After less than four months, the Marlins revert to their old ways

65 Comments

I tell ya, I woulda lost money if I had bet on the Marlins at the beginning of the season. No, not because they have failed to be a championship team. Rather, because I would have given them at least a year before the sell-off began, not less than four months.

Anibal Sanchez and Omar Infante were traded. Hanley Ramirez is gone. Josh Johnson is being shopped (more on this in a few minutes). All of these may very well end up being wise baseball moves at some point down the road, but coming as they do after all of the money spent to benefit Jeff Loria and the Marlins by Miami taxpayers, all of the hype Loria created and basically demanded and all of the fan attention that, reluctantly, after years of having their hopes crushed by a penny pinching owner, was given to this team, this sell-off is an insult to Marlins fans.

This truly is remarkable. Between 2004 and 2011, the Marlins averaged the lowest payroll in all of baseball. Then they are handed a sweetheart deal on a new stadium, get everyone’s hopes up for the first time in nearly a decade and … after three-plus months, 40% of the rotation, the second baseman, the third baseman and possibly the closer are out the door.  On a team that can more accurately be described as underperforming as opposed to fatally-flawed. A team that, if the roster they had three days ago was kept together, could reasonably be expected to play better baseball in the second half and into next season but now won’t get to.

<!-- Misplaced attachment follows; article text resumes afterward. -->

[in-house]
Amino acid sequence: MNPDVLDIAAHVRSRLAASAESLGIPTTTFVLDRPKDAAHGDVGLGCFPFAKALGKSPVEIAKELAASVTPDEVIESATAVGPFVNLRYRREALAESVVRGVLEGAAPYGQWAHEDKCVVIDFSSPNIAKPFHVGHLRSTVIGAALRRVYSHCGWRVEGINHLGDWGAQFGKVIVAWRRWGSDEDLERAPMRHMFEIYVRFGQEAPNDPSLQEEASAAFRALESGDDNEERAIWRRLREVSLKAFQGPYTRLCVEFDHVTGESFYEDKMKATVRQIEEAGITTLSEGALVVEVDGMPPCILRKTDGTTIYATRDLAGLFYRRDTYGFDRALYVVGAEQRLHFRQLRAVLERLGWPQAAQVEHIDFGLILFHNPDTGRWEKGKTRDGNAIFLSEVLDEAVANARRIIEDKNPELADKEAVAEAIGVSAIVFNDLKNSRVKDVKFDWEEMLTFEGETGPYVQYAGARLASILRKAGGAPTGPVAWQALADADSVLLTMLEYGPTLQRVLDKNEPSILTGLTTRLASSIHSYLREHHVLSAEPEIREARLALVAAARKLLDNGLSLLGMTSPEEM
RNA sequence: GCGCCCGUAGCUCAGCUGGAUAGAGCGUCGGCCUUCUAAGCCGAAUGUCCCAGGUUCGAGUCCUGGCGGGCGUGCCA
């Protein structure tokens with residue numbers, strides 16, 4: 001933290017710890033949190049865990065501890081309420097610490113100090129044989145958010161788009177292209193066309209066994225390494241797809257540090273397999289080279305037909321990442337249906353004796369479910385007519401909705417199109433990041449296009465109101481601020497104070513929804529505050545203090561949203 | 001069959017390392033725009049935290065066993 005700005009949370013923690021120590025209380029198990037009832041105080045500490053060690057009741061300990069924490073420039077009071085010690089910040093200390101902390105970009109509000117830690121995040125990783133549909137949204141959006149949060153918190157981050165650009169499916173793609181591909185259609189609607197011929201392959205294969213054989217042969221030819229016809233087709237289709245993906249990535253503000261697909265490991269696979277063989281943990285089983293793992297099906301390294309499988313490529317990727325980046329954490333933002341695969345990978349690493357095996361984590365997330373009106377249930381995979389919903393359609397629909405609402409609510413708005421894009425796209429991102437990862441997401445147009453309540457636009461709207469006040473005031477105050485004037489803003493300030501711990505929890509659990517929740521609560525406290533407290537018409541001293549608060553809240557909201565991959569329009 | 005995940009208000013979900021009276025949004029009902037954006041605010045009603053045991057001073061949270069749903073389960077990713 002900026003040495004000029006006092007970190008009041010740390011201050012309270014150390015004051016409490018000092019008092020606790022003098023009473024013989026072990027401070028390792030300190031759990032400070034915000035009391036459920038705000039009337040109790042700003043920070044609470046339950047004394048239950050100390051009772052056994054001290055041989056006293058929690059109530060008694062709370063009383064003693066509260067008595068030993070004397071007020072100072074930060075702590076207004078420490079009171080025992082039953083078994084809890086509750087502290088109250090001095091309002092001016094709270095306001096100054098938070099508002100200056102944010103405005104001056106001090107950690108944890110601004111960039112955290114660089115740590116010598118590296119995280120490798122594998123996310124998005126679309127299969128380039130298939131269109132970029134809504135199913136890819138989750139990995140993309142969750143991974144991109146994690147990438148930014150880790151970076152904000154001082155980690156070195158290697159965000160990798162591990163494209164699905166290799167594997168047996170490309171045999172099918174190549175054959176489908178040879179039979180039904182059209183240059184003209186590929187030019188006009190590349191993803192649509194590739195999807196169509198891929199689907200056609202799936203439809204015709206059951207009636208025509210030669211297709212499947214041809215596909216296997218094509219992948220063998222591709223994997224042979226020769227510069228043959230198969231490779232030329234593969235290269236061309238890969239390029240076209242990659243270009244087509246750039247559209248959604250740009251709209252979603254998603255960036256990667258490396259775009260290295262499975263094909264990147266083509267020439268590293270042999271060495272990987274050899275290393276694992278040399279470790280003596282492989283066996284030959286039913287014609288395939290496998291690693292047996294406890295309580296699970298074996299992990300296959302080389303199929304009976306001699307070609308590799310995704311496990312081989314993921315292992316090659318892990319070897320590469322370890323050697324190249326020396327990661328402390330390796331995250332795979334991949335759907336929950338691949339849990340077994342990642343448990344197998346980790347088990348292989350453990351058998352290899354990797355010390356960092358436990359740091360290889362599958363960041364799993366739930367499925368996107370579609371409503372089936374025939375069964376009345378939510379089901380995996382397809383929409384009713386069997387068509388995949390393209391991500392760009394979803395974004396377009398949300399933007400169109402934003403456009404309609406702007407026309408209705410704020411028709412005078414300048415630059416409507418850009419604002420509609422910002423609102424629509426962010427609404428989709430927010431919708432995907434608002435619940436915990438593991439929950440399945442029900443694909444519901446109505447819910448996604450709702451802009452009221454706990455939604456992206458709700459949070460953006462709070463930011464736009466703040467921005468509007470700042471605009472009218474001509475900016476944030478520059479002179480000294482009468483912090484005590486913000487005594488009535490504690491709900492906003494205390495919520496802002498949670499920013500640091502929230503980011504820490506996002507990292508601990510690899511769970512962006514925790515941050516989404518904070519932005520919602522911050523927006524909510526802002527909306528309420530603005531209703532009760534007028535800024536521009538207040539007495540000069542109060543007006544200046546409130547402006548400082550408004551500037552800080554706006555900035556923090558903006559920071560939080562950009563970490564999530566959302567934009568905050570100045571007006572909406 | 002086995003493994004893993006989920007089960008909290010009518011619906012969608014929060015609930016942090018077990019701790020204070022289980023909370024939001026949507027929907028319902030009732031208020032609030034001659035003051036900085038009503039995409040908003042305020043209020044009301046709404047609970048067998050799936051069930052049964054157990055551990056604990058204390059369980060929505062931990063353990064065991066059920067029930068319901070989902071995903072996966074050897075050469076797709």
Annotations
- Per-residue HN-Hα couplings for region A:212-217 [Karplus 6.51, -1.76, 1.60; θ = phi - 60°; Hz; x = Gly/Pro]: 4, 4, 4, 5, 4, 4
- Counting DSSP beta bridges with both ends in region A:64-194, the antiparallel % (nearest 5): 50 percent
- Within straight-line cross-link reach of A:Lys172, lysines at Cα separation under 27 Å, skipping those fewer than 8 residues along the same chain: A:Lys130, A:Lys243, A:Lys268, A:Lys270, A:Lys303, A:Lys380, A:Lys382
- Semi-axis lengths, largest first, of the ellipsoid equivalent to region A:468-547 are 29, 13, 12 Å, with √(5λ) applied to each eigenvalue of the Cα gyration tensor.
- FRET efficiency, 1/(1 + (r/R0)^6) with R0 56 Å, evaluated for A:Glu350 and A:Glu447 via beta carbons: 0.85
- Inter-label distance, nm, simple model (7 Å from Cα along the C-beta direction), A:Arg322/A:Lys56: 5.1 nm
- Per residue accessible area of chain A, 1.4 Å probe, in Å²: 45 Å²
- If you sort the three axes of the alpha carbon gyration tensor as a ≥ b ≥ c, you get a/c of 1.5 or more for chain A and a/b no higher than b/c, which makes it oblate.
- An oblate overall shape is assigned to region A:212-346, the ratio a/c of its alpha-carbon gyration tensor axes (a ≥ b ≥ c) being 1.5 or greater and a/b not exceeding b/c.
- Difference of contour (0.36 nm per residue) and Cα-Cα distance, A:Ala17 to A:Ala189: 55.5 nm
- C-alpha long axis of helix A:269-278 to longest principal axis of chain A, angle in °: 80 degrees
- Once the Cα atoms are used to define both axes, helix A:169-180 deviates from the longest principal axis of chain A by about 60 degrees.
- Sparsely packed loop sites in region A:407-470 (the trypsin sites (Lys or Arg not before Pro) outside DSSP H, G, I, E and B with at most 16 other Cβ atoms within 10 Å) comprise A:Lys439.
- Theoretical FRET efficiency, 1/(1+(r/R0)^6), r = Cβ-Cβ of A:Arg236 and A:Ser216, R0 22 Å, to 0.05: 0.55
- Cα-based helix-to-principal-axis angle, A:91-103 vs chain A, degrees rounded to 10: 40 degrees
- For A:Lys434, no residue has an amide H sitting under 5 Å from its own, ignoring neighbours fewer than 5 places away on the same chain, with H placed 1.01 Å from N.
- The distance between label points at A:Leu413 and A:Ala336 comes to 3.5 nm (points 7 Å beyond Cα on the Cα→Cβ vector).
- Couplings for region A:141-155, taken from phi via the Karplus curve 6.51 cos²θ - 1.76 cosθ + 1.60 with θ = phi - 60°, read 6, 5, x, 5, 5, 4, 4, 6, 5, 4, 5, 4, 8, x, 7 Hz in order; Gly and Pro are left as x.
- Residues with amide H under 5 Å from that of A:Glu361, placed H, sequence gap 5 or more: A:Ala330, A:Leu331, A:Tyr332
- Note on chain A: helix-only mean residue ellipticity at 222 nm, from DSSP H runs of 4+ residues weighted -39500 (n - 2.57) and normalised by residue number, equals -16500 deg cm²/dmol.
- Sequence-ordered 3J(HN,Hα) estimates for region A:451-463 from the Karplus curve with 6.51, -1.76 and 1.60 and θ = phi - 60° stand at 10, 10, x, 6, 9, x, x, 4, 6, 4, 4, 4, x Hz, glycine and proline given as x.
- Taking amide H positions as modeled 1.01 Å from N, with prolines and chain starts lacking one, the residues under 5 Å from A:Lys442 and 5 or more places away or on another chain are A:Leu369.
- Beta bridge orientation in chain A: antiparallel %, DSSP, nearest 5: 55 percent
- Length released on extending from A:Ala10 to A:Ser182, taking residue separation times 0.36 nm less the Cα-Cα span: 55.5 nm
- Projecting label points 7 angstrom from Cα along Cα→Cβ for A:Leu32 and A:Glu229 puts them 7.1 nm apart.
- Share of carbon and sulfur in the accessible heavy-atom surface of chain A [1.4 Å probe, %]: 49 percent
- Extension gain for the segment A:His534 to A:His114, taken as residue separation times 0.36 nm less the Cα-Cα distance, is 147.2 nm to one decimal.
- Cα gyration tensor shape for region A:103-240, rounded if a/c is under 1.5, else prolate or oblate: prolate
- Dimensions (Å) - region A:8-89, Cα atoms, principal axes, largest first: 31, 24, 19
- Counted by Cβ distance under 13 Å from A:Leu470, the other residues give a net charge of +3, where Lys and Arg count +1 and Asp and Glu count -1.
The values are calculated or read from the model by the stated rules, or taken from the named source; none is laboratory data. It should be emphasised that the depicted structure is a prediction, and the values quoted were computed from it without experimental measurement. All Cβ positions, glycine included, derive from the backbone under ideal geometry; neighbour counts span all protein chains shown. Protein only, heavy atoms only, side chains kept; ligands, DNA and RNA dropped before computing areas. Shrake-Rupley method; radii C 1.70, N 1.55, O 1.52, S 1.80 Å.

Someone, somewhere, explain to me why anyone in Miami should give a flying fish about the Marlins?  What possible reason should any baseball fan in south Florida have for giving a dime to a team run by Jeff Loria?

Mets invite Tim Tebow to spring training

Getty Images
Leave a comment

Tim Tebow isn’t letting go of his major league dreams just yet. The former NFL quarterback is slated to appear with the Mets during spring training this year, extending what initially looked like an ill-fated career choice for at least one more season. Per the club’s official announcement on Friday, he’ll join a group of spring training invitees that includes top-30 prospects like Peter Alonso, P.J. Conlon, Patrick Mazeika and David Thompson.

Tebow, 30, hasn’t taken to professional baseball as gracefully as expected. He batted a cumulative .226/.309/.347 with eight home runs and a .656 OPS in 486 plate appearances for Single-A Columbia and High-A St. Lucie in 2017. While that wasn’t enough to compel the Mets to give the aging outfielder a big league tryout, there’s no denying that Tebow brought substantial benefit to their minor league affiliates — in the form of increased attendance figures and ticket sales, that is.

Even after the Mets were booted from the NL East race last September, they resisted the idea of promoting Tebow for a late-season attendance boost of their own. That’s not to say they’re planning on taking the same approach in 2018; Tebow will undoubtedly get his cup of coffee in the majors at some point, but for now, a Grapefruit League tryout is likely as close as he’ll ever get to playing with the team’s big league roster on an everyday basis.